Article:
Top Reason to List Your House For Sale Now!

Top Reason to List Your House For Sale Now! | Keeping Current Matters

If you are debating listing your house for sale this year, here is the #1 reason not to wait!

Buyer Demand Continues to Outpace the Supply of Homes For Sale

The National Association of REALTORS’ (NAR) Chief Economist, Lawrence Yun recently commented on the inventory shortage:

“While feedback from REALTORS® continues to suggest healthy levels of buyer interest, available listings that are move-in ready and in affordable price ranges remain hard to come by for many would-be buyers.”

The latest Existing Home Sales Report shows that there is currently a 5.1-month supply of homes for sale. This remains lower than the 6-month supply necessary for a normal market and well below November 2014 numbers.

The chart below details the year-over-year inventory shortages experienced in 2015:

Housing Supply Year-Over-Year | Keeping Current Matters

Anything less than a six-month supply is considered a “Seller’s Market”.

Bottom Line

Meet with a local real estate professional who can show you the supply conditions in your neighborhood and assist you in gaining access to the buyers who are ready, willing and able to buy now!

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Tips for a Great Open House

Open houses can be a great way to market a house, generate buzz, and encourage offers.

But for unprepared agents and sellers, an open house can be a nightmare. Messy closets, overwhelming odors and curb UN-appeal can send potential buyers running.

What’s the best way to utilize an open house? To show your home in the best possible light. Put a gleaming face on your house from every vantage point with these simple open house tips.

1. No scent is the best scent.

In a recent study, more than 30 percent of people reported scented products as “irritating.” Avoid irritating 30 percent of your potential buyers by skipping the use of candles and air fresheners.

Instead, eliminate odors with a deep cleaning. Shampoo carpets, let in fresh air, and deodorize appliances to elevate a home to its odorous best.

2. No clutter.

Keep buyers focused on the home, not the stuff. Declutter and depersonalize a home before showings or open houses.

3. Clean out closets.

Closet size is a touchy issue for many buyers, so there’s a good chance that at least one closet will be scrutinized during an open house. Amplify the appearance of storage space by trimming closet contents.

4. No pets (or evidence of pets).

Pets may be sweet and loveable, but they can also create damage and odors. Many potential buyers will run in the opposite direction because pets have lived there.

Remedy any signs of pet damage, and  remove pets from the home during open houses.

5. No owners.

No open house benefits from an emotionally-attached seller hanging around. Avoid giving your potential buyers any uneasiness by being out of the house.

6. Attractive entryways.

A home’s entryway sets the tone for the rest of the house. Give the right first impression. Remove dead plants and debris. Scrub cobwebs and dirt from the front door. Add a decorative wreath or a nice chair. Get your buyers to smile at the outset, and that positivity will carry through the rest of the tour.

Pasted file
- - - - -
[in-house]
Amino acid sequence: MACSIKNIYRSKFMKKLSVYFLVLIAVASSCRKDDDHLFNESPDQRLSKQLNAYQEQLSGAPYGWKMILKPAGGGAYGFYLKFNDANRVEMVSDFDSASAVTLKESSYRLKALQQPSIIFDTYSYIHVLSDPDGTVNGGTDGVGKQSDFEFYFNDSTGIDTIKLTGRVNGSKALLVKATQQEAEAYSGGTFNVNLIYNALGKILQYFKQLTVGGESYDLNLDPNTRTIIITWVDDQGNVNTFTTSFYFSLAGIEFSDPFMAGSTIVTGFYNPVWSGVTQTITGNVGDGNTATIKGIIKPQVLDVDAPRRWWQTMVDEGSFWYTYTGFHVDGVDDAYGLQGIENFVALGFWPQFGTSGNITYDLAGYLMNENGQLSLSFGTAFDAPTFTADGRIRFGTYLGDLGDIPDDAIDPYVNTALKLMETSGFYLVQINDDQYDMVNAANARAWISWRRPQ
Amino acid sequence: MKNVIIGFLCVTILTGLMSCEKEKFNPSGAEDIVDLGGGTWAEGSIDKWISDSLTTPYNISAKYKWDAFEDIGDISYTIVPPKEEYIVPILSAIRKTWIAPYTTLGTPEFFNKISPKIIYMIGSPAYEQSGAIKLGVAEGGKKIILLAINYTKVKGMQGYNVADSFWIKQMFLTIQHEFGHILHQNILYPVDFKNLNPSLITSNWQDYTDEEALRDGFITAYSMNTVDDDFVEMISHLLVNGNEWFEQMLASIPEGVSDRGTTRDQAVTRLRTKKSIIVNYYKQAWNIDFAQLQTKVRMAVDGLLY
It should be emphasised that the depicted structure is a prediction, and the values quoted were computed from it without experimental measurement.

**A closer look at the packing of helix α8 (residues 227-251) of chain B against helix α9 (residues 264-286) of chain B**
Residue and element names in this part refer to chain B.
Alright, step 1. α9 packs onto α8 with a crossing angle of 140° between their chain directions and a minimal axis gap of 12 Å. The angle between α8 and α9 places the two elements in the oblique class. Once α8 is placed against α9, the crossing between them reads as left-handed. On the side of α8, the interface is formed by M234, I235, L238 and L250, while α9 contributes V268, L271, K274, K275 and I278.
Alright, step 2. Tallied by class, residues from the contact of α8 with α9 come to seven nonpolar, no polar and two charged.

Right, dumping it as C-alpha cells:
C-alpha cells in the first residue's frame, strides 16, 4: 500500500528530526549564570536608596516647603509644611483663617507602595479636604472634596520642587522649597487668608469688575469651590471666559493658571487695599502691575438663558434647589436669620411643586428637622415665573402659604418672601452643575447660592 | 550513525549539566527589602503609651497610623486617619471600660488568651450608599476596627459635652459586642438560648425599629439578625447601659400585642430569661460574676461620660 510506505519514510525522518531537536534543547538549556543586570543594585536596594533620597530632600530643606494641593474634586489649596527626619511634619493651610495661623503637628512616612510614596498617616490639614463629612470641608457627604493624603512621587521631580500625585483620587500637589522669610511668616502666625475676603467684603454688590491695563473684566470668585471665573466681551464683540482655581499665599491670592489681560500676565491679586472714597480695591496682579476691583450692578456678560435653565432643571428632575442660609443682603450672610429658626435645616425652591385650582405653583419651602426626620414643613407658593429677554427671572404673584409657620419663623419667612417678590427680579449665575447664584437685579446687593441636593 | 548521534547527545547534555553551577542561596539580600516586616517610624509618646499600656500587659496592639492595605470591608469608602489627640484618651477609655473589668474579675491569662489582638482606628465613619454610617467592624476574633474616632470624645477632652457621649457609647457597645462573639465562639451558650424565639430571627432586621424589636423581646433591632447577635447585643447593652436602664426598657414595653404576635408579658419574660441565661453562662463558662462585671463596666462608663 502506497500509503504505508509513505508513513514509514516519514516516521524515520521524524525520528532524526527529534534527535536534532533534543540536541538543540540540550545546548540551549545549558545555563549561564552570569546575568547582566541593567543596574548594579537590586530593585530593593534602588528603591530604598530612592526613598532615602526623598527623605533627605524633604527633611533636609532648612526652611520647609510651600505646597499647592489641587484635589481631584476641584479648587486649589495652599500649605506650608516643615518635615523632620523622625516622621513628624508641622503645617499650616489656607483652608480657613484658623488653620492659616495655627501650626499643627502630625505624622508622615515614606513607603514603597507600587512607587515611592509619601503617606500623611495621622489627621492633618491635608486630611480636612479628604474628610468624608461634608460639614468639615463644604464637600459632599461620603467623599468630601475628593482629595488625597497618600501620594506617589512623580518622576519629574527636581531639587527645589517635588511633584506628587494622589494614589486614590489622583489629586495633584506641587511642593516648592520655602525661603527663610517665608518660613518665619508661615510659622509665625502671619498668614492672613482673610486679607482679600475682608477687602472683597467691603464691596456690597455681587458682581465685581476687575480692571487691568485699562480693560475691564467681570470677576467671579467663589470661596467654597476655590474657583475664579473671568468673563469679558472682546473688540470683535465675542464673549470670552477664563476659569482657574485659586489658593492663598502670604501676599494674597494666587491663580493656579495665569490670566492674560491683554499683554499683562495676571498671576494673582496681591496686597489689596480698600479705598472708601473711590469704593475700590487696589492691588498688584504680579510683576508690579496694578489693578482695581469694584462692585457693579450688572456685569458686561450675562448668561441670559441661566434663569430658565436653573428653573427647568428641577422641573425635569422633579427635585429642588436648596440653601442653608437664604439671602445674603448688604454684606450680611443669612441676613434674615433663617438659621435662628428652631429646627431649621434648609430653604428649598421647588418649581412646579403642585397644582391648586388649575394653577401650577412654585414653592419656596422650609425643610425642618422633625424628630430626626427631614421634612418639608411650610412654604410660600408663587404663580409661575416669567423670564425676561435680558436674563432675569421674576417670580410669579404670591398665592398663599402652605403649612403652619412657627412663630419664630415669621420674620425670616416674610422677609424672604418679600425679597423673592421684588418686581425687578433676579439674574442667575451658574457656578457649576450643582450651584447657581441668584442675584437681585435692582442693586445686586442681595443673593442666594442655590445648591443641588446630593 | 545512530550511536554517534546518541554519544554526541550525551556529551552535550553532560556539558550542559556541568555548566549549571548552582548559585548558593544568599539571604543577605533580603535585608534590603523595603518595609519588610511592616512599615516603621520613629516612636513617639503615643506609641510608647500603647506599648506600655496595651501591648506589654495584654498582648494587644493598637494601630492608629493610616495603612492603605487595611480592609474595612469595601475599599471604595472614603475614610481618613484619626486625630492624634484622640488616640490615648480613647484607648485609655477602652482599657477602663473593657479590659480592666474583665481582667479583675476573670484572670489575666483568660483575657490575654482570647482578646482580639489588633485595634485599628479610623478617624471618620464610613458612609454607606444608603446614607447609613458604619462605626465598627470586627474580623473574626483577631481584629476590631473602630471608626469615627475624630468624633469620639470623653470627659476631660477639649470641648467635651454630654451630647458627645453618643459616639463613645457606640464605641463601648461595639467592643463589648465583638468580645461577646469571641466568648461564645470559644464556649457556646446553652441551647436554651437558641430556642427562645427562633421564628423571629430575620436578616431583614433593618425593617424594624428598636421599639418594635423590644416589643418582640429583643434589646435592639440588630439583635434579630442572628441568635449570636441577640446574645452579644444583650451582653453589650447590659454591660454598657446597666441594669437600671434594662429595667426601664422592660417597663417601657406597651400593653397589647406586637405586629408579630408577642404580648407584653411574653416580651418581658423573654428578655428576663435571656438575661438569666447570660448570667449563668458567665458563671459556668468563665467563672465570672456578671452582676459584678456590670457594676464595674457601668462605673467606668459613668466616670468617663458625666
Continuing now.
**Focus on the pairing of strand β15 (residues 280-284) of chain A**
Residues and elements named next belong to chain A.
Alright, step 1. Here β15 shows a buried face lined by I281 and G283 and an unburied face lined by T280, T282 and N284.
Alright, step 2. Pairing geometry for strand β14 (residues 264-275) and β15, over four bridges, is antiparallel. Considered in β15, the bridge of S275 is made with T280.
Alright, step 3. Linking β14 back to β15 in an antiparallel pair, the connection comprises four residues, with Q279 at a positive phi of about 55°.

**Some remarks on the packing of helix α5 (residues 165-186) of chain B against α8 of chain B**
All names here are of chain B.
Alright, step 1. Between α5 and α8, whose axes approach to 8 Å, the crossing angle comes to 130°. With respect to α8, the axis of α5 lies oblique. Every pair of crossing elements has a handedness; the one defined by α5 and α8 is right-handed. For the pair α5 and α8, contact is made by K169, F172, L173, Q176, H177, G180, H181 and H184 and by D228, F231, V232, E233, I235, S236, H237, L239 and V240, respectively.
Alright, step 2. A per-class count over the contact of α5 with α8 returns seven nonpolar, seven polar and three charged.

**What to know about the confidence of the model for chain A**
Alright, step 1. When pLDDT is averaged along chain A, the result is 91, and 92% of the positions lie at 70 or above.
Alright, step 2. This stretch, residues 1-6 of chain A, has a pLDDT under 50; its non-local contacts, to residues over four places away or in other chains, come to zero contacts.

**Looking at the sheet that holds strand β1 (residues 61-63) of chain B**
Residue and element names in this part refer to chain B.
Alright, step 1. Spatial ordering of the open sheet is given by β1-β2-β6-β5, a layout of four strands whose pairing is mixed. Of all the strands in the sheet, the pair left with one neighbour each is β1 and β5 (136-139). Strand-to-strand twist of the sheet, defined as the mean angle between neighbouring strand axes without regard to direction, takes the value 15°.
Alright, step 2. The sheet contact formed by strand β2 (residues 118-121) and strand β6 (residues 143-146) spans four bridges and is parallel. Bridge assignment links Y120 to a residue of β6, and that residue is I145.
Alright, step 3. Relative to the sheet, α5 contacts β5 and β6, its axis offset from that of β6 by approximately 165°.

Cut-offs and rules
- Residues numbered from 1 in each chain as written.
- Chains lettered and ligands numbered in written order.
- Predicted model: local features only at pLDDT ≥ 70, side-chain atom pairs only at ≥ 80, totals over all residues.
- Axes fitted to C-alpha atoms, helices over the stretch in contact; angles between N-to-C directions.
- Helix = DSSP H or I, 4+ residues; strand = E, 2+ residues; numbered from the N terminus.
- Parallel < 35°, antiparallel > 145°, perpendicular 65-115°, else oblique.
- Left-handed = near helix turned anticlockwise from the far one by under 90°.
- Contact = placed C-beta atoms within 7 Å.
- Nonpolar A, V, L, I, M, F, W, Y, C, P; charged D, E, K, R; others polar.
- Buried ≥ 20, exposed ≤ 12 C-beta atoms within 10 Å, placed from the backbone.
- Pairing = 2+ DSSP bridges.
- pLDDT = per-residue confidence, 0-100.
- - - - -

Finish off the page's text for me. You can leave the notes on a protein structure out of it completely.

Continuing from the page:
7. Close the toilet lids.

Just do it.

8. Light & bright.

Rooms appear larger in brighter light. Experiment with lighting before your open house. Try opening shades and curtains, and turning on different sources of light to accentuate a home’s best features.


9. Photo boards.

It’s tough for buyers to know what a property looks like at different times of the year. That’s what good photos are for. Use photo boards or a laptop slideshow to show off a property in different seasons.

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The #1 Reason to Buy Right Now – THE MONEY!!

The #1 Reason to Buy Right Now – THE MONEY!! | Keeping Current Matters

People often ask whether they should buy a home now or wait. Recently released data suggests that waiting may not make sense as prices seem to again be on the rise. Let’s take a look at some of the data and commentary on the subject:

Ed Stansfield, chief property economist at Capital Economics:

“The current tightness of supply conditions would normally be consistent with much faster price growth. The continued steady growth in home sales that we expect this year will only add to this upward pressure on prices.”

Case Shiller Home Price Index

“The S&P/Case-Shiller U.S. National Home Price Index, covering all nine U.S. census divisions, recorded a 4.1% annual gain in March 2015 … with a 0.8% increase for the month.”

Anand Nallathambi, CEO of CoreLogic

“All signs are pointing toward continued price appreciation throughout 2015…Tight inventories, job growth and the impact of demographics and household formation are pushing price levels in many states toward record levels.”

Danielle Hale, Director of Housing Statistics at NAR

“Even without further acceleration, the pace of price growth remains too high. Strong buyer demand and low inventories coupled with relatively low new construction are helping to push prices up, keeping the housing market tipped in favor of sellers.”